Durham County Council boss Simon Henig has asked senior officers to find a way to force Dominic Cummings to pay tens of thousands of pounds of backdated council tax.
The Northern Echo exclusively reports that “two properties, including the Mr Cummings’ notorious ‘lockdown cottage’, at the family farm near Durham, were built in breach of planning regulations and are now liable for council tax”, and that senior officers have been instructed to “find a way” to force him to pay up.
Durham County Councillor John Shuttleworth said: “If it was anybody else, they would be getting charged and it would be backdated, or they would be getting taken to court.
“It just proves there is two sets of rules, one for them and another for everyone else. It is not right.
Cllr Henig said he was responding to mounting public anger at Boris Johnson’s chief aide.
“We have to abide by the law and it we don’t you get put in prison or you get fined. They are just above it.”
He said: “It seems that anyone working for the Prime Minister is exempt from the rules that apply to the rest of us.
“I have asked that all options to appeal this decision be considered.”
Two properties, including Mr Cummings’ notorious ‘lockdown cottage’, at the family farm near Durham, were built in breach of planning regulations and are now liable for council tax.
But, following an investigation, the Valuation Office Agency, said the charges at North Lodge Farm, off the A167, which amount to around £3,000 a year, would not be backdated to 2002 when Mr Cummings carried out the conversion with his father.
It follows the scandal earlier in the year when Mr Cummings travelled to the region with his family in breach of lockdown laws while suffering from coronavirus symptoms.
County Durham’s Labour Party MPs said it shows the political advisor thinks he is ‘above the law’.
Durham County Councillor Simon Henig
Cllr Henig said he was acting out of a sense of ‘fairness’ at the Valuation Office Agency decision.
He has requested that chief officers look into all possible options for an appeal of the national decision and has said that the VOA ruling should be justified in Parliament.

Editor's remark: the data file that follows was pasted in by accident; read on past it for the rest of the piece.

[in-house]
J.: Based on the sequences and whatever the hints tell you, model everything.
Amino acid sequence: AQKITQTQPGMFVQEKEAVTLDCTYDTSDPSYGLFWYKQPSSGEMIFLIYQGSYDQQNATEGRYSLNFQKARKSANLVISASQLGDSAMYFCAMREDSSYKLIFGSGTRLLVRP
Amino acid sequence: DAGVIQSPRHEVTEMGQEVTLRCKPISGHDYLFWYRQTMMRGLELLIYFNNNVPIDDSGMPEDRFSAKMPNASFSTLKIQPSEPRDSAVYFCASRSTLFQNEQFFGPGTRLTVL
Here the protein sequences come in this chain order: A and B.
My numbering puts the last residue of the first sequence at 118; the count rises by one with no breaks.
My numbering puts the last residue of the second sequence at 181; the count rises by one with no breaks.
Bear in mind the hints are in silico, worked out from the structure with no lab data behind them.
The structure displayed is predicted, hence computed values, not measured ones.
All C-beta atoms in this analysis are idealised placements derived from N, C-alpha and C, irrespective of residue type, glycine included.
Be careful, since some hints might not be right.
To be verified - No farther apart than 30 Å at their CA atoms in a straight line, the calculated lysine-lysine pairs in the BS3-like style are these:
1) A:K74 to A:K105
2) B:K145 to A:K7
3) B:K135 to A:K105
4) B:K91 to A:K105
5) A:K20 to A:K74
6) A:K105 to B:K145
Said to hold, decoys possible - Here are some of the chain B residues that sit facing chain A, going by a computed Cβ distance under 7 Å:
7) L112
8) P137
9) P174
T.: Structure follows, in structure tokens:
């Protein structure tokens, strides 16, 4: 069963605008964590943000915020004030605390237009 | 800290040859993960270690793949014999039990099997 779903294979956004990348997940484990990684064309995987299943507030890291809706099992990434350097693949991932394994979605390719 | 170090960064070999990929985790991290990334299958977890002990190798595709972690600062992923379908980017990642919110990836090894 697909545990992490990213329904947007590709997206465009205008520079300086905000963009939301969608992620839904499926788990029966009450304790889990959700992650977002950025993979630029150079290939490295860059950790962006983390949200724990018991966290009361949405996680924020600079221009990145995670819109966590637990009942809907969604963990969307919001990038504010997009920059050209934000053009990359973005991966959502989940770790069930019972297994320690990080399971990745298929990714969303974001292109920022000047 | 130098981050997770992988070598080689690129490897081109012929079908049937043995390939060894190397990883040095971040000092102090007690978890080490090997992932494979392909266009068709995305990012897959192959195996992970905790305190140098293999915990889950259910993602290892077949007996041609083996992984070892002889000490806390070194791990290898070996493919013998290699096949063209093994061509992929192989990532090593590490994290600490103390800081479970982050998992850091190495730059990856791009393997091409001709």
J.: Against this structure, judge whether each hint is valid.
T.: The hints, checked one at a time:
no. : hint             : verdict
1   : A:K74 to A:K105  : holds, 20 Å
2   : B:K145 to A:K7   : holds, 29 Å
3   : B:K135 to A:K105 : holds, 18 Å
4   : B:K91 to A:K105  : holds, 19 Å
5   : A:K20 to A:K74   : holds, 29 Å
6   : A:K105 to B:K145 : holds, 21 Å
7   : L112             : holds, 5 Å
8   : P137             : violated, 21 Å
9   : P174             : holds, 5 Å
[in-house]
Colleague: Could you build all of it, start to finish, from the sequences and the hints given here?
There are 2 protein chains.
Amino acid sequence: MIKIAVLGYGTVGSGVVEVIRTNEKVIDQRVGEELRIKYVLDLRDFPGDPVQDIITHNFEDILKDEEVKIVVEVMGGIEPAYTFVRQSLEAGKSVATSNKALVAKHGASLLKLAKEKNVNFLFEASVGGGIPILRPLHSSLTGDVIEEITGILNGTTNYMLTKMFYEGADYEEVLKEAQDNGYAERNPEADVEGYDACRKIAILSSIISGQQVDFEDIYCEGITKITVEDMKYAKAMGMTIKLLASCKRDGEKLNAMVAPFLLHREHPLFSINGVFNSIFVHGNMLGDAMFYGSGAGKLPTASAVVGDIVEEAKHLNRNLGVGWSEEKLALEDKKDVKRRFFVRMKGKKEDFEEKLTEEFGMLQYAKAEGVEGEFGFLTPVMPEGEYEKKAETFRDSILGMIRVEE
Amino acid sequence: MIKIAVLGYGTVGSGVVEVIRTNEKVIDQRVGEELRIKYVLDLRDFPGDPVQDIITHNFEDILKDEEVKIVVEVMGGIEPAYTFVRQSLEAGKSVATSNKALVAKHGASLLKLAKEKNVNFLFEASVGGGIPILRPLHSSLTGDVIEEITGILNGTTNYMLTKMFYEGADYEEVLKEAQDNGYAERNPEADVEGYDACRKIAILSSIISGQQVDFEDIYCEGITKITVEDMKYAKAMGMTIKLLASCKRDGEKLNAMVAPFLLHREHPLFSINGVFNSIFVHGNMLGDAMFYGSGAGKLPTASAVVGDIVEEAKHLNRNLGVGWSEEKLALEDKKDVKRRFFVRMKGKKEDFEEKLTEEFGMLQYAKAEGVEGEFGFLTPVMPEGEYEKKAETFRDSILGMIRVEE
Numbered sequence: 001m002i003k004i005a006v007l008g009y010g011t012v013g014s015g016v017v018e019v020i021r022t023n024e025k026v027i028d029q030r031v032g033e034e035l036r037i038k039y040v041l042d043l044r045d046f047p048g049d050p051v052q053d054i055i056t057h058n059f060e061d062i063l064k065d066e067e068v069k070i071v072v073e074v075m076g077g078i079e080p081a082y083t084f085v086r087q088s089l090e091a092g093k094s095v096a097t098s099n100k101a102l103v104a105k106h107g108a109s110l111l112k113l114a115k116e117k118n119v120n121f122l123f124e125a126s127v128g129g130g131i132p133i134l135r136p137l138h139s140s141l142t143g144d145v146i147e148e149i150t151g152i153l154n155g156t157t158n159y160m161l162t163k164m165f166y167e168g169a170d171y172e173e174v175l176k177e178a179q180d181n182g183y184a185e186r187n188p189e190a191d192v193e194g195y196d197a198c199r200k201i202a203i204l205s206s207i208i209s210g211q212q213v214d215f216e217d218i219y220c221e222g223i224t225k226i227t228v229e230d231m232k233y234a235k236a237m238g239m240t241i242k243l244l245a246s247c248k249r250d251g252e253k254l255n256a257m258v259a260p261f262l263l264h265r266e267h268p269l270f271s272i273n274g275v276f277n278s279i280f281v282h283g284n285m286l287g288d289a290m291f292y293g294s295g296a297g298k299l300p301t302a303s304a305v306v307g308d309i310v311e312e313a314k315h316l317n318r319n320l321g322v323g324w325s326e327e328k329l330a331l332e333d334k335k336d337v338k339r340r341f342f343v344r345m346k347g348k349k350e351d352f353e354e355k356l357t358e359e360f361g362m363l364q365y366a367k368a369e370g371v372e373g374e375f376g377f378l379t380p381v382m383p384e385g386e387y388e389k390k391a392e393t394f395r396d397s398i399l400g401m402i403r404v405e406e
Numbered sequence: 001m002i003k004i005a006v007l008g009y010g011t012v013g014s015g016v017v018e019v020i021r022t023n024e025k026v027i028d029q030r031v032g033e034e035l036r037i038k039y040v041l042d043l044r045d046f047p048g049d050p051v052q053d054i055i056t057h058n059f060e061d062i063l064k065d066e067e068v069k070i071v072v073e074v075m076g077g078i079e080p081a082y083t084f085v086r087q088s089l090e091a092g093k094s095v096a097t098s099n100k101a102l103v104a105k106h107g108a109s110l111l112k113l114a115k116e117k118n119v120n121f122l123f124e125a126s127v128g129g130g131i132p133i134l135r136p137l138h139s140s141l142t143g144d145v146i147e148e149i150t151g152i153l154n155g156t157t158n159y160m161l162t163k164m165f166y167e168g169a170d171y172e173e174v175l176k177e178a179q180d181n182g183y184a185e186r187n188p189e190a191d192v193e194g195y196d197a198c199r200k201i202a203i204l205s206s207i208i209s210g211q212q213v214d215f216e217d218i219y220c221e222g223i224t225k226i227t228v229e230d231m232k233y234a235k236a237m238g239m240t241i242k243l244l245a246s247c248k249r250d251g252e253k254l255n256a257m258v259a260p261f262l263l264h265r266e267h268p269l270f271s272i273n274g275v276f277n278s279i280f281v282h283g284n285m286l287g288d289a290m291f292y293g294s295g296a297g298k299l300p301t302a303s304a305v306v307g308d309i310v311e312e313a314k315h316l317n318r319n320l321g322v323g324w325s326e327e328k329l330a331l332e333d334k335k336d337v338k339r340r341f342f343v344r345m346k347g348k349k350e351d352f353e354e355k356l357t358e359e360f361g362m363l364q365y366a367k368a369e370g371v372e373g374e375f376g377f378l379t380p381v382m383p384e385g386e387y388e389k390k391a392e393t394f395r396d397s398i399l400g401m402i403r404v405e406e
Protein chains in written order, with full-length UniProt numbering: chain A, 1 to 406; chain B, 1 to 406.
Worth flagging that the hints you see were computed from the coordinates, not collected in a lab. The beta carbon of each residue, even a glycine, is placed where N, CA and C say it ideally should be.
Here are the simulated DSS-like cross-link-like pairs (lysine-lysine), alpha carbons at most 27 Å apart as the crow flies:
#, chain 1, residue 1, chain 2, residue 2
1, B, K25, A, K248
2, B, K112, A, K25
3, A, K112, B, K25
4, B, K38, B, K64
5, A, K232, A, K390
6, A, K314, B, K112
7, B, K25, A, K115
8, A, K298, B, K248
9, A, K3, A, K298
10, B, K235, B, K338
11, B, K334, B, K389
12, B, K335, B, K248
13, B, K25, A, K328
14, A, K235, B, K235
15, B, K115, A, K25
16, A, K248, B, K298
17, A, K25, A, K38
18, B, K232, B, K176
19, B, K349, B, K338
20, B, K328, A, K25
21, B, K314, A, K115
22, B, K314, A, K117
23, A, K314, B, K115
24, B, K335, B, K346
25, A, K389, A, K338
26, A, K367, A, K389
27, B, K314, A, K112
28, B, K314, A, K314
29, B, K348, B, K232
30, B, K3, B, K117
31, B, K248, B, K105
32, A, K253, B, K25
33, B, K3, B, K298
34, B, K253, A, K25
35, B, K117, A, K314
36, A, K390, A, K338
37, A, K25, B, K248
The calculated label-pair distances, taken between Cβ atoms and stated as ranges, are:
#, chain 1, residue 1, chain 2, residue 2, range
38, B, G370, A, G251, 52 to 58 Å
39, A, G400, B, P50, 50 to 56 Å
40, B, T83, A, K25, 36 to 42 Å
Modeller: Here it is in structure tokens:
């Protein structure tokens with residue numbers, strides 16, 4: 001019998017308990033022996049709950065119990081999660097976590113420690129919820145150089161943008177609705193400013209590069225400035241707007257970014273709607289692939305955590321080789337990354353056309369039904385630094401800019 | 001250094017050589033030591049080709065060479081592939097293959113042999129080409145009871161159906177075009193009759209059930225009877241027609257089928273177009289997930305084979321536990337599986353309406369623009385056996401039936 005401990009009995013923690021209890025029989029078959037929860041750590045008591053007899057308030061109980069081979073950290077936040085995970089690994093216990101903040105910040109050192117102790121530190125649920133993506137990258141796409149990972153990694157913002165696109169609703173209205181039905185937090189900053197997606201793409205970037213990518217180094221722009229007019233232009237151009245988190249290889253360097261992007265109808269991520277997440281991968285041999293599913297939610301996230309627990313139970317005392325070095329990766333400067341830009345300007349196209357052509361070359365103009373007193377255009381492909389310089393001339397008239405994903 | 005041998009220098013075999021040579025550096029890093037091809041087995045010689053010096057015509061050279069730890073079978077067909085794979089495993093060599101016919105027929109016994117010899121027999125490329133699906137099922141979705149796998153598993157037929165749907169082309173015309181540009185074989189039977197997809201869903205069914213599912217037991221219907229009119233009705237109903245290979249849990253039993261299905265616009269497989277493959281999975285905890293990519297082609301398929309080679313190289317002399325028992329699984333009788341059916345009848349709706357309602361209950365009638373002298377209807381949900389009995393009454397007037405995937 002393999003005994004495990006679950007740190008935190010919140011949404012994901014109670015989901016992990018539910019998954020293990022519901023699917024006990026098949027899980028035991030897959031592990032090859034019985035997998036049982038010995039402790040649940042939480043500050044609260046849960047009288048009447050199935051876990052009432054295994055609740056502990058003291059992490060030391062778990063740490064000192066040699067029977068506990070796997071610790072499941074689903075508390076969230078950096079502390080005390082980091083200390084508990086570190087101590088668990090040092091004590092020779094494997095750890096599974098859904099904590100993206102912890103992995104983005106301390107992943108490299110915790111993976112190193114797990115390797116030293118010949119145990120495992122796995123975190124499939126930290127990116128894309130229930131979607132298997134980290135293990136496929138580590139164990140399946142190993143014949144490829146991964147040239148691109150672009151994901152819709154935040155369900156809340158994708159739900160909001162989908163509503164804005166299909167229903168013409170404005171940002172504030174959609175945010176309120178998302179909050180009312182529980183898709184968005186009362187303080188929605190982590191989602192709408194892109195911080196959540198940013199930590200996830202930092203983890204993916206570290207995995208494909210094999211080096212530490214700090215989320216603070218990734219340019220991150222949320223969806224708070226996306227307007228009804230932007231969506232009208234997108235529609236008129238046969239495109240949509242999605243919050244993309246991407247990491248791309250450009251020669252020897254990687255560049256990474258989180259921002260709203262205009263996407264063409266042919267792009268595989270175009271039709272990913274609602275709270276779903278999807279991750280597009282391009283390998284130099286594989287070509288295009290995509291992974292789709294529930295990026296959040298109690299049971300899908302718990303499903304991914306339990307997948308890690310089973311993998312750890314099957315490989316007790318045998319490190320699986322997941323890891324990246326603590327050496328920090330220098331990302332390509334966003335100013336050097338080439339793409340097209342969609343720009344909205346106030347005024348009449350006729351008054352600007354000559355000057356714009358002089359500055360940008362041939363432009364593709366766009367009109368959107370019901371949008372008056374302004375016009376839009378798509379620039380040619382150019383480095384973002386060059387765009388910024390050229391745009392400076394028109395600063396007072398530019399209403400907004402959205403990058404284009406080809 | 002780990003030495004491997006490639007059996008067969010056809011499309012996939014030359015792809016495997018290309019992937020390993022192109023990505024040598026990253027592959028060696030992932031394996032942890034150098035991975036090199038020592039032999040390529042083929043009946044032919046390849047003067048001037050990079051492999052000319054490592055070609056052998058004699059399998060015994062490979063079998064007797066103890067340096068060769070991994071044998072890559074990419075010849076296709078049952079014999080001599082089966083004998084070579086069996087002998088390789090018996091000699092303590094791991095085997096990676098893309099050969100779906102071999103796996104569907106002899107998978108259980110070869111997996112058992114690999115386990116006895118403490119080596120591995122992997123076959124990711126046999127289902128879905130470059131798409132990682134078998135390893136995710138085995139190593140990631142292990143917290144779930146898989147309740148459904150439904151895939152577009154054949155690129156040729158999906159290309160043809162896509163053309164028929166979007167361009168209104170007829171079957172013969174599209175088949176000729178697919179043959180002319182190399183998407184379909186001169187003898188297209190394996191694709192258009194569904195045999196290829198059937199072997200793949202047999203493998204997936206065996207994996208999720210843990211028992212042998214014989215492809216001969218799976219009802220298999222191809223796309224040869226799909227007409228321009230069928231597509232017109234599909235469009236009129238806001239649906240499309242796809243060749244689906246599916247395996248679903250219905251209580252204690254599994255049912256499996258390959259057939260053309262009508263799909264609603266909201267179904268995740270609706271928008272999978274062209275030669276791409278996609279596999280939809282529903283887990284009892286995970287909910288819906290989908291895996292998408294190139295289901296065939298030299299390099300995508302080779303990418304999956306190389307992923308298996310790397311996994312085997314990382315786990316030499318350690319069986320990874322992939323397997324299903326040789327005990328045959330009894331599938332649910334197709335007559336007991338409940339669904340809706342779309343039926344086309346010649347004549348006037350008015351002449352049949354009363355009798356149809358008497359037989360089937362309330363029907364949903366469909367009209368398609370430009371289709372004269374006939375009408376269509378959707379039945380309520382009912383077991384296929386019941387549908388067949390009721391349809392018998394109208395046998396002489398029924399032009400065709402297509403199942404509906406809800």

Cllr Henig said: “As a party that is committed to fairness, as soon as we were aware of a potential breach in regulations at North Lodge, council officers were instructed to investigate the matter.
“In turn, Durham County Council alerted the Valuation Office Agency, which provided details of the required changes in respect to property.
“However, while there have been historical breaches of planning and building control regulation, which date back to the time of the former Durham City Council, the current council was unable to take enforcement action due to the amount of time that had elapsed.
“People will want to know how, once again, the Government’s senior adviser is avoiding facing any consequences for breaching a set of regulations to which everyone else is expected to adhere.”
Furthermore, it is imperative that the Valuation Office Agency be made accountable for this decision in Parliament so that public confidence in the council tax system be maintained.”
The Cummings family has previously declined to comment on the situation when approached by The Northern Echo.
Downing Street has been contacted for a comment, but has not yet responded
The VOA, which is part of HM Revenue and Customs, does not comment on individual cases, but sent a statement to the Northern Echo after it was revealed council tax would now be owed on the properties.
The statement said: “We treat all council taxpayers equally and in accordance with the law.
“Changes to show multiple self-contained units would not be backdated.
“If the property has remained in your ownership during the period when any changes were made there would not typically be backdated liabilities.”
This article came Exclusive by Gavin Havery